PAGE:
A gift of the amicable parliament [ = a detestable one dissolved by the king] shall bring him to the throne of the French: « Fort Emperor once taken, Algiers could no longer hold out; Hussein signed a capitulation. The victory, however, was little heeded at home and war was declared between France and monarchy. The struggle had been desperate on both sides. The opposition brought out a new paper, the National, edited by Thiers and Mignet, the two historians of the Revolution, and Arman Carrel, who had begun his public career as leader of an armed conspiracy. This paper propagated the views of the opposition with extreme ardour. On the other side the king vainly threw his name and his influence into the scale. The result was a crushing defeat. The opposition had fought for the 221 deputies who had condemned the Polignac ministry, as in 1877 they were to fight for the 363. They were all returned again and fifty more elections were also gained. The defeated ministry prepared a coup d'état. Taking as a pretext the wording of Article 14 of the charter, they resolved to suppress the liberty of the country. Three ordinances signed by all the ministers formed the reply of Charles X to the French nation. One of these dissolved the chamber before it had ever met; so that the country had been consulted and had given its answer, but that answer was treated with contempt. Another abolished liberty of the press. Henceforth every paper would be forced to obtain the royal sanction; otherwise, it would not only be forbidden to appear, but its plant would be destroyed. The third created a new electoral system. It would no longer be a sufficient qualification for a vote to pay 300 francs in taxes; patents were no longer to be taken into account; all electors who were engaged in commerce or manufactures were deprived of their votes. The last two ordinances were manifestly unconstitutional: they violated the laws and usurped their functions. The king's pleasure was substituted for the votes of the chambers. This was a return to absolute monarchy. This attempt at violence was made in incredible ignorance of the actual situation. Up to the time of the elections the ministers had thought themselves certain of a majority, and, even after the results were known, seemed to have an inexplicable confidence in the measures they were preparing. They had only 19,000 men at their command to subdue Paris. Secrecy was most carefully observed. Nobody, except those who had drawn them up and signed them, knew the contents of the ordinances, when, on the evening of Sunday, 25th July, they were handed over to the chief editor of the Moniteur for publication the following morning. The editor glanced over them, and turning pale said to the minister: " I am fifty-seven years of age; I have passed through all the revolutions, but I now withdraw overwhelmed with fear." On the morning of the 26th of July, 1830, the ordinances published in the Moniteur burst on the nation like a thunderbolt. At first people seemed stupefied. The press had the honour of setting an example of action. It has already been said that one of the edicts suppressed all the opposition papers. That very day all their editors signed a protest of which the following words contain the gist: To-day the government has lost that constitutional character which alone commands obedience. And they added that they would use every possible means to publish their papers in defiance of the authority of the government. Among the young writers who perhaps risked their lives by affixing their signatures to this bold protest, were some who were destined to play an important part in public affairs. The protest was signed by Thiers, Mignet, Armand Carrel, Rémusat, and Pierre Leroux. This intrepid action of the press was the first reply to the coup d'état. Their actions were as bold as their words; and when on the following day the police attempted to carry out the provisions of the ordinance, the commissary of police found the proprietor of the paper, with the law in his hand, threatening the agent of the government with the punishment due to theft aggravated by housebreaking. A crowd collected and protested loudly. The locksmith who had been summoned to break up the plant refused to do so, and was heartily applauded. Another was sent for, who also refused. Not a workman could be found who was willing to raise his hand against the instrument of public liberty. It was found necessary at last to have recourse to the wretch whose duty it was to affix the fetters worn by convicts. Such was the lawful resistance which most politicians of that time, whether journalists or deputies, considered the only possible course.» (HH, XIII, p.44-45)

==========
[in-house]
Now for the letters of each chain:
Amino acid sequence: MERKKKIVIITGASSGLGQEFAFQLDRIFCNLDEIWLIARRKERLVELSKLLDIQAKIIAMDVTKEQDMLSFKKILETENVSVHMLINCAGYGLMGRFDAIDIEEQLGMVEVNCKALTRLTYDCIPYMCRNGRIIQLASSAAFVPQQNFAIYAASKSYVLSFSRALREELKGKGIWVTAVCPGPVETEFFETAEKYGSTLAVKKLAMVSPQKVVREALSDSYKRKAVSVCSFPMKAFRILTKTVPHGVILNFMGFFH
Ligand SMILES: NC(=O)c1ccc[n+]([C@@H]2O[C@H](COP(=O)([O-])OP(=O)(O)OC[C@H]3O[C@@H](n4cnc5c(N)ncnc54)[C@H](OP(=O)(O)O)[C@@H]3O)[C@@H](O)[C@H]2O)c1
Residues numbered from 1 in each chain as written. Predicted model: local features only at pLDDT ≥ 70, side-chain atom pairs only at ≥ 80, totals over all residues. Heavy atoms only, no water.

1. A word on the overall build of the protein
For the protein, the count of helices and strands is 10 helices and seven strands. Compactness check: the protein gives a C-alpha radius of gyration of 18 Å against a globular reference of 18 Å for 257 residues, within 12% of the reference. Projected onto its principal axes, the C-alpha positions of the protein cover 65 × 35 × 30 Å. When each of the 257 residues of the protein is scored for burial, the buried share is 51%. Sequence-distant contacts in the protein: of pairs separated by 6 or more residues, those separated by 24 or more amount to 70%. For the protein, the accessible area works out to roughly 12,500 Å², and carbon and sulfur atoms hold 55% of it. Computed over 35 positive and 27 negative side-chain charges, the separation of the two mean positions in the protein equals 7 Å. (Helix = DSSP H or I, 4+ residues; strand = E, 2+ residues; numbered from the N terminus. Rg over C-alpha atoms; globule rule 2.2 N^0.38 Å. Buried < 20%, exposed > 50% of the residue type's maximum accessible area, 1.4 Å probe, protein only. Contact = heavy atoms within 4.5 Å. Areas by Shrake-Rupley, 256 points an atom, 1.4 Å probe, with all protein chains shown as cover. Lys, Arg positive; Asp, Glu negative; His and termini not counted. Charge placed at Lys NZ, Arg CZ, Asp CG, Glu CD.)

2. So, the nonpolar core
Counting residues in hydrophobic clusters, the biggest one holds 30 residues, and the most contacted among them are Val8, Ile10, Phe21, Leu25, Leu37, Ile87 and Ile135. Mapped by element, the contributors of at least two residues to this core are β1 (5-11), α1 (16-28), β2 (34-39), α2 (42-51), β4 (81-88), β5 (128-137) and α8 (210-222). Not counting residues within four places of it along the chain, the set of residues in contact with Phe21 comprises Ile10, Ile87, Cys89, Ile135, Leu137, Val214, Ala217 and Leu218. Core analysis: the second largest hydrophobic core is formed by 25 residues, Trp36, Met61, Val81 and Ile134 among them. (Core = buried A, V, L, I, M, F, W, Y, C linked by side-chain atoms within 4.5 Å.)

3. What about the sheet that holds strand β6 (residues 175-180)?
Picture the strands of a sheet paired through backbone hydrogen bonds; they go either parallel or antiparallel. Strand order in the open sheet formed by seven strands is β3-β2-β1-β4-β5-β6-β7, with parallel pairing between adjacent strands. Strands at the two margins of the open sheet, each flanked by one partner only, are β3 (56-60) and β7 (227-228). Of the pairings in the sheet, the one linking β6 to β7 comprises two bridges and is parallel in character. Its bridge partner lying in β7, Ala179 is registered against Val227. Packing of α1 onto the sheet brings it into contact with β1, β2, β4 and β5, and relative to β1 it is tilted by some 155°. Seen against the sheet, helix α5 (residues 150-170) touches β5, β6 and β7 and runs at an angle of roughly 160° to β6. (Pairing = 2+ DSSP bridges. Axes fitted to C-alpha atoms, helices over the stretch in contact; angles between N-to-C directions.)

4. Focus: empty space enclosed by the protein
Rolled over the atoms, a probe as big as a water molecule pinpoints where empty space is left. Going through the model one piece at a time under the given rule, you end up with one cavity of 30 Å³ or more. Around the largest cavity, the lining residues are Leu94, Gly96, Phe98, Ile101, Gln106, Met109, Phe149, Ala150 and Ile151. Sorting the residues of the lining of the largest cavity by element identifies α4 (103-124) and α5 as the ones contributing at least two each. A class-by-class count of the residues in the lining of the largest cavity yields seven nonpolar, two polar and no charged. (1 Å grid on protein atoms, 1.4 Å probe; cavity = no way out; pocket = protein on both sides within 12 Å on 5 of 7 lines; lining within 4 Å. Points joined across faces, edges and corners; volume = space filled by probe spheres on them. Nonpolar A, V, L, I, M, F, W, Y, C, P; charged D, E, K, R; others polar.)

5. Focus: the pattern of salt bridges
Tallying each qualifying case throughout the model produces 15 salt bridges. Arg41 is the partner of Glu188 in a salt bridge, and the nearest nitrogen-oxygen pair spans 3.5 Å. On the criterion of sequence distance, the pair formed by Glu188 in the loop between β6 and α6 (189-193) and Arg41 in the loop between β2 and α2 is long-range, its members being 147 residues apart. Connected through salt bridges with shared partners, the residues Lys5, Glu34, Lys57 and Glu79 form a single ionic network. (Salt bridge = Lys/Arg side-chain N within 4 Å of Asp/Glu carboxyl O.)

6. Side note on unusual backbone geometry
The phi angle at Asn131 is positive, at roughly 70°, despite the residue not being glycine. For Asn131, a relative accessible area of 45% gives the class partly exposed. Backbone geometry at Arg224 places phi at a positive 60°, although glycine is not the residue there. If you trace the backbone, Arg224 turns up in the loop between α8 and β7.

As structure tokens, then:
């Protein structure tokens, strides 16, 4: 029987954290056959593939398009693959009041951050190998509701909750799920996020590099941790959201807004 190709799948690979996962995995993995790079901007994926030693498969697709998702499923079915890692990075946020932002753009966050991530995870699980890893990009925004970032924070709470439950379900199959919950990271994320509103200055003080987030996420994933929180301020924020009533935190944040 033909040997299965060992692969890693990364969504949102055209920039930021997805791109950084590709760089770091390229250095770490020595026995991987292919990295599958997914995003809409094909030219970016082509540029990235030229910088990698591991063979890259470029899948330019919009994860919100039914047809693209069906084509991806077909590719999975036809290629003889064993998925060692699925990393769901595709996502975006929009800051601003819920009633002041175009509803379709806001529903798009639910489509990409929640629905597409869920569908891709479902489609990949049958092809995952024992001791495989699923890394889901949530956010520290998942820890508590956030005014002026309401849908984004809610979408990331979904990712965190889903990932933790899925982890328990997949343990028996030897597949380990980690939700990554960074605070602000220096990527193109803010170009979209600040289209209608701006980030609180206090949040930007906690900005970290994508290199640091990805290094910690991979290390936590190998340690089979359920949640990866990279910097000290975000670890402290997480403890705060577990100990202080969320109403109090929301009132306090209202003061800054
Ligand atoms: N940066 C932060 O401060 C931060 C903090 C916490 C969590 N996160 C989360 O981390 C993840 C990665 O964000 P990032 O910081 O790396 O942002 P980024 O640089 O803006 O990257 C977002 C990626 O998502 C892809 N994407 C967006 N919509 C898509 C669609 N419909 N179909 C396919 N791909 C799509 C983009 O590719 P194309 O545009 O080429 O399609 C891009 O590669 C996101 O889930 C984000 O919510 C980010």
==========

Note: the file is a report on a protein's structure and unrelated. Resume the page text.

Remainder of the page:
« The duke of Orleans made lieutenant-general of the kingdom. Those who had taken no part in the fighting wished to take advantage of the victory. Most of them had already begun to think of the duke of Orleans. As often happens in reigning families the Orleans branch, the younger branch, was always in a state of rivalry with the elder branch of Bourbons. Since 1789 the duke of Orleans had supported the revolutionary party; whilst his cousins were amongst the émigrés, he, a member of the convention, having given up using his title and assumed the name of Philippe Égalité, voted in favour of the death of Louis XVI. His son, duke of Orleans in 1792, had fought under the tricolour with Dumouriez at Jemmapes. Though he had emigrated afterwards, yet on the restoration he had again declared himself a liberal. The family has always maintained this variable attitude, sometimes supporting, sometimes deserting the revolutionary party. After 1815 the duke of Orleans was sometimes a prince of the blood, sometimes the hope of the revolutionists. He alternately claimed the largest share of the indemnity paid to the émigrés, or openly took the part of Béranger and General Foy; he at one time obtained from Charles X the title of Royal Highness, and at another would pose as a citizen-prince. The example of England was in everybody's mind. It was by dethroning the lawful king and putting in his place a prince of a lateral branch that the English had gained their liberties in 1688. For a long time many people had been hoping that a similar change might bring about a similar result in France. On the 30th Thiers and Mignet hurried to Neuilly where the prince lived, but he was not there. In the morning the deputies met at the house of Laffitte, and decided to hold a session at noon at the Bourbon palace. There it was decided to offer the " lieutenancy of the kingdom " to the duke of Orleans. He hesitated, tried to gain time, and was finally, it is said, persuaded by the advice of Talleyrand. On the 31st he accepted.» (HH, XIII, p.49)